By Malinda Seneviratne –
The United National Party (UNP) has not won a Presidential Election since 1988. That’s 26 years. In a could which saw frequent baton-changes between the two major parties, i.e. the UNP and the Sri Lanka Freedom Party (SLFP) or at least coalitions led by one or the other, this is a serious state of affairs.
Now it can be argued that Ranil Wickremesinghe was robbed, so to speak, both in 1999 and 2005. In 1999 a close election went the incumbent’s way when she lost an eye in a terrorist attack, the resulting sympathy translating into a vote-sway. Moreover, S.B. Dissanayake once claimed that he had ensured that 400,000 හොර ඡන්ද (illegal votes) were cast in her favor. The claimant of course late switched sides and was the UNP’s National Organizer for a while before crossing party lines again. It is also claimed, frequently enough, that Ranil would have won in 2005 had the LTTE not stopped Tamils in the North and East from voting.
It seems to have gone downhill thereafter. The brief UNP-led Government with Ranil Wickremesinghe as Prime Minister was roundly defeated in 2004. The UNP suffered another major defeat in 2010 when the UPFA retained power in a Parliamentary Election. Between 1994 and 2014, except for a brief high in local government elections in 2002/3, Ranil’s UNP has lost so dozens of elections. It must be said, however, that the provincial and local government elections generally go to the party holding power at the centre and thus Ranil was always handicapped, not to mention the fact that the ruling party used the staggered-elections policy so that state resources could be more effectively (and illegally of course and as has been done by all ruling parties, the UNP included) employed to secure victory.
For all this, the UNP’s manifest inability to field a credible candidate at presidential elections is a serious indictment on that party. In 2010, as the ‘Common Opposition Candidate’ Maithripala Sirisena observed, it was a tough ask for anyone. He said he was surprised that the former Army Commander Sarath Fonseka polled the numbers he ended up with. This was, as he said, just after the country was rid of the terrorist menace after three long decades of bombs, bullets, suicide attacks and bloodshed. Naturally, credit accrued to the man under whose leadership the battle was won. No one who says ‘all power resides with the president’ courtesy the constitution can really argue that credit should go elsewhere.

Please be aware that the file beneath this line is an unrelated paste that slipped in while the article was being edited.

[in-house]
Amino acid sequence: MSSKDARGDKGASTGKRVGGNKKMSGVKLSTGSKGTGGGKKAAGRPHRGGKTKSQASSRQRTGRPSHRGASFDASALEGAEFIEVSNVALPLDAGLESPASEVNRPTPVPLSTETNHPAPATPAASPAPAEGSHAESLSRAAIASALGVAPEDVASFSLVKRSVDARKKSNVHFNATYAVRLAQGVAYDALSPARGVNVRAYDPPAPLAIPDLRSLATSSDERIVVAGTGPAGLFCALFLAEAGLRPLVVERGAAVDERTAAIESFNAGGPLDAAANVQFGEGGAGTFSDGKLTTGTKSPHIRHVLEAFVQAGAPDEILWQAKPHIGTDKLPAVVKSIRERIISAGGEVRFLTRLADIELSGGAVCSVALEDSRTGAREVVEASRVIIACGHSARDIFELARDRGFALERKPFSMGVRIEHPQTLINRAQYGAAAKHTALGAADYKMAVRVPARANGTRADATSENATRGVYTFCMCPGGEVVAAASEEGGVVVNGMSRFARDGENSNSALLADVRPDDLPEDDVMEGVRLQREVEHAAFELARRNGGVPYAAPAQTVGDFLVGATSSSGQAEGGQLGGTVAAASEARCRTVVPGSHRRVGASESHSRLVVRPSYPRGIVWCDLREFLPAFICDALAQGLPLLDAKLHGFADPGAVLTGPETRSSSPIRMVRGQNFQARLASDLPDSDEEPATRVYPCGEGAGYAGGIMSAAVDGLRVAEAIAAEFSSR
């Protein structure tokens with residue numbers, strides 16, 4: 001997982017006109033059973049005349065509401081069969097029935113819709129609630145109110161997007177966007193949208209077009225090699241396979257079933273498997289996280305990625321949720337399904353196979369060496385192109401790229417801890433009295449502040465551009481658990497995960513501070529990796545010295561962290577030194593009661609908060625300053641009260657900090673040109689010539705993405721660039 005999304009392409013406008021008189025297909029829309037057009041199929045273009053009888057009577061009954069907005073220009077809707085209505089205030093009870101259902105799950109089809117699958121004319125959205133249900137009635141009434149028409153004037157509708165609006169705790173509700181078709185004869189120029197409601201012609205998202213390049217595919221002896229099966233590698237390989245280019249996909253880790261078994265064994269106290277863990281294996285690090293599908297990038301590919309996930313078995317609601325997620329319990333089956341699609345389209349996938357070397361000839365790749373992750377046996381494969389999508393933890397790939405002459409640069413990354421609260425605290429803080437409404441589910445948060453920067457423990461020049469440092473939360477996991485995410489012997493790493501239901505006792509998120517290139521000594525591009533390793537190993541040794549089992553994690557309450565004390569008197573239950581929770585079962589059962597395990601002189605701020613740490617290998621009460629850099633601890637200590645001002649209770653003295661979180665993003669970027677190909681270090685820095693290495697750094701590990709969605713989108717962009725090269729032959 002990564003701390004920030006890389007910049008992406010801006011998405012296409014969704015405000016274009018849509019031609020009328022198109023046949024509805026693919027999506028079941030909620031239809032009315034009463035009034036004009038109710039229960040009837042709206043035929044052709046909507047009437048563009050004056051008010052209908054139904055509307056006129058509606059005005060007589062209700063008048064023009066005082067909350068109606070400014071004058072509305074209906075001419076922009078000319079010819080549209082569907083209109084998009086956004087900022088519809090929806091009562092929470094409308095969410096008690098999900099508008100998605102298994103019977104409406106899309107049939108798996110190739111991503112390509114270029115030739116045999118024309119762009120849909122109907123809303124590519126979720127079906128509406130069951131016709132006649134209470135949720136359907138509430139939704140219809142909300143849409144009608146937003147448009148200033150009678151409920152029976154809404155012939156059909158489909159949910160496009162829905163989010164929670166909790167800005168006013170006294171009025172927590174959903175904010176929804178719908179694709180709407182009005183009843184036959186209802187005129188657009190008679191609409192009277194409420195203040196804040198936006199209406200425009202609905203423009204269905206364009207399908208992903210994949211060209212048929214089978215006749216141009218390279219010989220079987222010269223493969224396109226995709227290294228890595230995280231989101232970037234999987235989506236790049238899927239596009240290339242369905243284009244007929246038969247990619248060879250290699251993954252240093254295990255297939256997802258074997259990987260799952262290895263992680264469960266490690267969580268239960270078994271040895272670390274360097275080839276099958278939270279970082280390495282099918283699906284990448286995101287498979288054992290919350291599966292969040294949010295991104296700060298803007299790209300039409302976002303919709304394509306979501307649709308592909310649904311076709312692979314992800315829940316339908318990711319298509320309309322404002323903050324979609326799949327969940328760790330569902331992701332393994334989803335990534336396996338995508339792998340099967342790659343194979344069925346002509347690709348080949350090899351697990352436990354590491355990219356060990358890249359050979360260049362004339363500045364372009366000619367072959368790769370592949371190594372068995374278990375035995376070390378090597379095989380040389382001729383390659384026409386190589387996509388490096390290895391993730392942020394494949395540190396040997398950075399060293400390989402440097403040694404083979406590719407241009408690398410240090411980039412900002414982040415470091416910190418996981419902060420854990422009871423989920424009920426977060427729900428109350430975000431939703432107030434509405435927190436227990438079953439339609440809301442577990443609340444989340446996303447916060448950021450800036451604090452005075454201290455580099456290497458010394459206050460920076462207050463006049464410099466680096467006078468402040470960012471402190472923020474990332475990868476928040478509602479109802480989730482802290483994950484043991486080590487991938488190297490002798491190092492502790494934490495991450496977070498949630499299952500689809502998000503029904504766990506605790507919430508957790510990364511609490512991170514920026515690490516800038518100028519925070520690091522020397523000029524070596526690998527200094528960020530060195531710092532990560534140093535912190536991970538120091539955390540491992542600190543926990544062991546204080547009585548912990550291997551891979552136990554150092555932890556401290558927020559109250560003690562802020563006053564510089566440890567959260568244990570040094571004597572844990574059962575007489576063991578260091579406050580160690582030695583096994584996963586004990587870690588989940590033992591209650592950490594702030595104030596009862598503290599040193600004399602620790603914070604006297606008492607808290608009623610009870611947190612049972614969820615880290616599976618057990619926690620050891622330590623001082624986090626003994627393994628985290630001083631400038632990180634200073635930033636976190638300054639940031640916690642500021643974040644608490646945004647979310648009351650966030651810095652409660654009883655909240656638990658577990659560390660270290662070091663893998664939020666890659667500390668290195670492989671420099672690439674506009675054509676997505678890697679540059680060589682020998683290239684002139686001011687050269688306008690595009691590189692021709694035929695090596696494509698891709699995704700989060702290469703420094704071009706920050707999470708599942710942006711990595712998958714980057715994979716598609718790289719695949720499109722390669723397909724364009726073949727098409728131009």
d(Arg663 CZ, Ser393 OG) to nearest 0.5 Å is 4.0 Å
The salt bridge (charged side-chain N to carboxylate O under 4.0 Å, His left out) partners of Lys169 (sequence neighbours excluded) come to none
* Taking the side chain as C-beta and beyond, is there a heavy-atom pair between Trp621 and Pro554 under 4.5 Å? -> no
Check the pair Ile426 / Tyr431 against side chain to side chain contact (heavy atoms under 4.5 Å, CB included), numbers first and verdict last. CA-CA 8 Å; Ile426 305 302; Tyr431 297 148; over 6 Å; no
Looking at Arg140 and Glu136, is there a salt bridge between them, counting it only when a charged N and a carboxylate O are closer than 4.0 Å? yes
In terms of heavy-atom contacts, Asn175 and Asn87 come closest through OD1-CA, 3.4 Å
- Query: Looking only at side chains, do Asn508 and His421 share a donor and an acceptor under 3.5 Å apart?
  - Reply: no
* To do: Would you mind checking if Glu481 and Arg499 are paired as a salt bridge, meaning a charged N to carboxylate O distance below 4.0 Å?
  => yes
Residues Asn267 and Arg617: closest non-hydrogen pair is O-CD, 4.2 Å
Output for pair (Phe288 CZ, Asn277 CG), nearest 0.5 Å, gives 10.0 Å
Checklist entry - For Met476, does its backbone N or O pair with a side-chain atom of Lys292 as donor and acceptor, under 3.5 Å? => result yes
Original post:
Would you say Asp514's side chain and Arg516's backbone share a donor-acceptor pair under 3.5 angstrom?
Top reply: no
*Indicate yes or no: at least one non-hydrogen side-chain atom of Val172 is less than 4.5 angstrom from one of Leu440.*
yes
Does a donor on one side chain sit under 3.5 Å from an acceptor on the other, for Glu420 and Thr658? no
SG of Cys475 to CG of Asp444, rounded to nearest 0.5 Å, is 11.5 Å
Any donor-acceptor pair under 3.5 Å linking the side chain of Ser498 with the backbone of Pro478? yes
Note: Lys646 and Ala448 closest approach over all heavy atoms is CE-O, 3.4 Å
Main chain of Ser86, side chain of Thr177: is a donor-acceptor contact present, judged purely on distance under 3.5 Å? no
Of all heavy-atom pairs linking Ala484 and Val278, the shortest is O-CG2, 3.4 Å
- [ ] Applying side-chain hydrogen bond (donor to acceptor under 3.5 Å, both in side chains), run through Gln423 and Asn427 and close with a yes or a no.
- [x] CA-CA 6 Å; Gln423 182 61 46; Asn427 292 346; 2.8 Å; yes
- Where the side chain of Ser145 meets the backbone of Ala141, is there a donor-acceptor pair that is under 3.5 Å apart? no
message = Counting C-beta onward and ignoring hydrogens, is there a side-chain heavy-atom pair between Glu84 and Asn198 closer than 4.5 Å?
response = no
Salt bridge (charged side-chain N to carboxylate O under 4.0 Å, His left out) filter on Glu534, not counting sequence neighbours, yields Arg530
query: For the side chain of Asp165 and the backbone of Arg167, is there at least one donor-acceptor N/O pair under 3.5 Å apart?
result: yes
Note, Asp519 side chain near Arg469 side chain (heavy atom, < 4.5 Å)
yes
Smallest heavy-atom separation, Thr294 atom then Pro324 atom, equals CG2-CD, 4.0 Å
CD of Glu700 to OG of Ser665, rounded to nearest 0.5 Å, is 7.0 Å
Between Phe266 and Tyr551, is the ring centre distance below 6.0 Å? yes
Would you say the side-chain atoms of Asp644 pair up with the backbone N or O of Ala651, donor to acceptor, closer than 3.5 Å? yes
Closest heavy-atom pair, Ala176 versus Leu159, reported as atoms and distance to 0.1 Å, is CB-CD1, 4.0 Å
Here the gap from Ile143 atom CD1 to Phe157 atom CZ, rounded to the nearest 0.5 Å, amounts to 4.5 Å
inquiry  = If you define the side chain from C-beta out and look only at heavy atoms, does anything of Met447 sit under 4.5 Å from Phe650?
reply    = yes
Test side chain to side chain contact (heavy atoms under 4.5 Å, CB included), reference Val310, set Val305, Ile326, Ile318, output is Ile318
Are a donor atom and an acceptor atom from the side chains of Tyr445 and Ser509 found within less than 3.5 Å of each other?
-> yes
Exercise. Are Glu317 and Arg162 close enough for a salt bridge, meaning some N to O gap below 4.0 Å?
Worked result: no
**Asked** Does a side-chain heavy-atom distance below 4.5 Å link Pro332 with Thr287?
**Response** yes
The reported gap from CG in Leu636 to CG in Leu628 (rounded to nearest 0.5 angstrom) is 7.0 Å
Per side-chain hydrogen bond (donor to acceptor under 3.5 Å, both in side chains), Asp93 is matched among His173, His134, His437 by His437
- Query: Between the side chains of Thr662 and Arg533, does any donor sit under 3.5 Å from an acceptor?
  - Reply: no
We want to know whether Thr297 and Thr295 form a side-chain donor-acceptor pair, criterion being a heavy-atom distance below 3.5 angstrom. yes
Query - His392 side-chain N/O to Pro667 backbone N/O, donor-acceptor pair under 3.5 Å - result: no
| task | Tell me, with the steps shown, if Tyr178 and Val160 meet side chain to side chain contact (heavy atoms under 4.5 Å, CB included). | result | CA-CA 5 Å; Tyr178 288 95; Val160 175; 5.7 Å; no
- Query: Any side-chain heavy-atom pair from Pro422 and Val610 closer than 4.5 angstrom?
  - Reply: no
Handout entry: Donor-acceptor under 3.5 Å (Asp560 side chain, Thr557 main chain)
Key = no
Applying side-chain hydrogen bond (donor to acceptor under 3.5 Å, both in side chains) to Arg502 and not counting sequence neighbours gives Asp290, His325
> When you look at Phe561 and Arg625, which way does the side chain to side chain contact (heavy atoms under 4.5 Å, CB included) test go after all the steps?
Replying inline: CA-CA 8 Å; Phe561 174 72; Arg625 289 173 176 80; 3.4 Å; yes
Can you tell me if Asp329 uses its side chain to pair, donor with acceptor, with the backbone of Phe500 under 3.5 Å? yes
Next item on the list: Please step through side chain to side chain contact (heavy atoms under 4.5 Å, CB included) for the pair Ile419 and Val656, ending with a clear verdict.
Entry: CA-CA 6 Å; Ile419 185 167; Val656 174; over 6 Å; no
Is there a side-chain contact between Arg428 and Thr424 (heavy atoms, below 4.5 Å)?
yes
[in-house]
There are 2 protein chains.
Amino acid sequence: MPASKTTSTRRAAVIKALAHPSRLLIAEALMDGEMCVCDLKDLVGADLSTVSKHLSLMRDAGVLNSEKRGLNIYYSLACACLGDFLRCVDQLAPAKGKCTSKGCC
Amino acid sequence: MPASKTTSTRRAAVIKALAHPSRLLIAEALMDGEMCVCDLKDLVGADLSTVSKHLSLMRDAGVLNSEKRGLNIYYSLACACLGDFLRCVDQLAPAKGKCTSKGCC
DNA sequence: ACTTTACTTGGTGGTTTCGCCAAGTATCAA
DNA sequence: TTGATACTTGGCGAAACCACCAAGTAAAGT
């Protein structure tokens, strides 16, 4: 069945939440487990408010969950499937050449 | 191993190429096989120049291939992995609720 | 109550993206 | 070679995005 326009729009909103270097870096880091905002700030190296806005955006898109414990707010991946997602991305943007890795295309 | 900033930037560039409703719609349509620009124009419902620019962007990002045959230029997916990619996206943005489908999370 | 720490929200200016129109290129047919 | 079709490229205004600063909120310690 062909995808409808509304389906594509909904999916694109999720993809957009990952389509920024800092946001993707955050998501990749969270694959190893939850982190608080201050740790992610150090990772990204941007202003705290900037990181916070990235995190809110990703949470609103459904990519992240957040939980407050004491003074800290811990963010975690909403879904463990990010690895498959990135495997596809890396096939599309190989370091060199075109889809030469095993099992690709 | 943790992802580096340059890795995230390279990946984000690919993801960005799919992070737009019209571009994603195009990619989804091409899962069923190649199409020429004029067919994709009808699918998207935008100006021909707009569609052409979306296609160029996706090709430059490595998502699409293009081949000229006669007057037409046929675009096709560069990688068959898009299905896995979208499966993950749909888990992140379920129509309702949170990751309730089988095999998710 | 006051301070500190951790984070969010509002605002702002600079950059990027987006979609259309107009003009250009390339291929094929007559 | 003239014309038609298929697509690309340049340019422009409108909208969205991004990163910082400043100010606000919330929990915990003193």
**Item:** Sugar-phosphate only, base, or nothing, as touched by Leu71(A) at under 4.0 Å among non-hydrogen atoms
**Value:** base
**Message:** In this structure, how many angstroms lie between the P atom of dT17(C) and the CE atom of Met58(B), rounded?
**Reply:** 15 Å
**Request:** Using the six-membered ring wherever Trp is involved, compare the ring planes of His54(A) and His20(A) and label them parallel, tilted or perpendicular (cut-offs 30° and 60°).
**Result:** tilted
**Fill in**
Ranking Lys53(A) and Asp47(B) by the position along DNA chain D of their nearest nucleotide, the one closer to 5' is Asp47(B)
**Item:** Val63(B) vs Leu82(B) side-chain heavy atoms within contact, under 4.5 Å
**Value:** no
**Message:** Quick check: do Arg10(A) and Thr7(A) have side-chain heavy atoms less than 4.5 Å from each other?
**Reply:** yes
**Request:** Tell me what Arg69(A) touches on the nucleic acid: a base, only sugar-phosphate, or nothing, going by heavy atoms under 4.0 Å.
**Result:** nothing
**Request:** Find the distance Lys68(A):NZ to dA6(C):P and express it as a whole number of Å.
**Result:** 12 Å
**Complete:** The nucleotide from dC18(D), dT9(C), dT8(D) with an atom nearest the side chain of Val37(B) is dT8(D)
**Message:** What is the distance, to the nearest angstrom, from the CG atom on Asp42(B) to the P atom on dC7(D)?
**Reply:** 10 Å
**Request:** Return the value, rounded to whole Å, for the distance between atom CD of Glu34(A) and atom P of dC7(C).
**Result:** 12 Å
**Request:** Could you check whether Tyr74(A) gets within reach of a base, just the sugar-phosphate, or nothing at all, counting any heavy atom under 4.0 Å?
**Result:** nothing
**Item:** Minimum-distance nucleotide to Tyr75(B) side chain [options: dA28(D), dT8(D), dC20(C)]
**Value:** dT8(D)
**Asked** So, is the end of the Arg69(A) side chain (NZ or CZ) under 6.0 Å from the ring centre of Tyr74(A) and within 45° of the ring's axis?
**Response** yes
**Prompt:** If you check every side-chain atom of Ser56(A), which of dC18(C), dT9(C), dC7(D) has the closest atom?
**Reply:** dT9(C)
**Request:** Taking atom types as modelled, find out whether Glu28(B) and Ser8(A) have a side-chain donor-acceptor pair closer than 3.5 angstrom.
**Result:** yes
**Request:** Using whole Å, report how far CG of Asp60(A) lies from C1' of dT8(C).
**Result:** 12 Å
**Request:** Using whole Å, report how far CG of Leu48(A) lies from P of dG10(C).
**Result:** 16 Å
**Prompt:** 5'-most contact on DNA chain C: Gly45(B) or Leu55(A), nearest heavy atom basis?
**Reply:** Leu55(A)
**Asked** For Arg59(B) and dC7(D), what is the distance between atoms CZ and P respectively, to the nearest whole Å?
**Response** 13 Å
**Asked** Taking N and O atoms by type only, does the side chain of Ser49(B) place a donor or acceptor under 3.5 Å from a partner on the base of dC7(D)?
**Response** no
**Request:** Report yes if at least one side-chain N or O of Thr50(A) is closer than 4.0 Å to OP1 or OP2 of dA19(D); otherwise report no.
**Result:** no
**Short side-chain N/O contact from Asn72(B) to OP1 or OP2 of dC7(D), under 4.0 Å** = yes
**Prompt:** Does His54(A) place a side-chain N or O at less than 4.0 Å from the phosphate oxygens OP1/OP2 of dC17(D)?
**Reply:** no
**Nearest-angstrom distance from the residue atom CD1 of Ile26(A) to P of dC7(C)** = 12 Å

The 2010 election was therefore going Mahinda Rajapaksa’s way anyway, whoever the UNP fielded. And yet, even in unfavorable conditions, those in the weaker camps have not twiddled thumbs, either in Sri Lanka or elsewhere. Hector Kobbekaduwa in 1988 and Sirimavo Bandaranaike in 1988 fought the good fight. Left candidates always showed spirit. They all lost, but their respective parties gained, at least to the extent that they managed to periodically re-energize their ground-level networks.
The UNP on the other hand threw in the towel almost immediately after the bell was rung for the first round. In 2010, Sarath Fonseka was not a proxy but a sacrificial lamb. The support was lukewarm, the outcome was a foregone conclusion and the only consolation that the UNP got was the right to say ‘we didn’t contest, so we didn’t lose!’ That’s as weak a brag as you can find. If the UNP wounds of 2004 and 2005 were close to getting healed, the January 2010 victory of Mahinda opened them up. In April, the UNP bled and continued to bleed to the point that the regime was able to secure a two-thirds majority in Parliament.
One would have expected the UNP to learn some hard lessons, but this time around too the party was unable to put forward a credible candidate. Instead, it now supports a renegade of the party’s principal political enemy, expecting to get some tidbits should he succeed in defeating the formidable incumbent, Mahinda Rajapaksa.
For all the talk of the Prime Minister for Ranil (for services rendered) in the event Maithripala Sirisena wins, for all the calculations about Maithripala needing the UNP’s Parliamentary group after January 8, 2015 (if he wins, again), the UNP has shown abysmal understanding of political realities. On Day 1 of a Maithripala Presidency, he would not just be the all powerful Executive President, he can count on the entire SLFP to turn its back on Mahinda and back him instead. The political future of all SLFP MPs, after all, would thereafter be tied to the fortunes of Maithripala and not Mahinda. It is not impossible to think that he could even get the support of two-thirds of the MPs and institute constitutional reform without any support of the UNP!
Where would that leave the UNP? Where would that leave Ranil Wickremesinghe? In short, in the event of a Maithripala victory, Ranil and the UNP will be totally dependent on Maithripala’s generosity. To place one’s political eggs in a basket of a man who still claims to be the Secretary General of a rival party is utterly naïve.
‘In the larger interest of the country,’ Ranil and the UNP can claim. ‘If only politics was a fairy tale!’ someone would respond.
Is it a personality issue? Something wrong with Ranil and not necessarily the party? Perhaps. The fact remains though that the party hasn’t been able to fix the problem if indeed this was the problem. So, as things stand, this side of the ‘national interest’ thesis, the party doesn’t stand to gain in the event Maithripala wins. Is this the explanation for the lethargy of the UNP’s electioneering machine on the ground? After all, there seemed to be a lot more enthusiasm in Badulla during the Uva elections, with Harin Fernando leading the way.
*Malinda Seneviratne is the Chief Editor of ‘The Nation’ and his articles can be found at www.malindawords.blogspot.com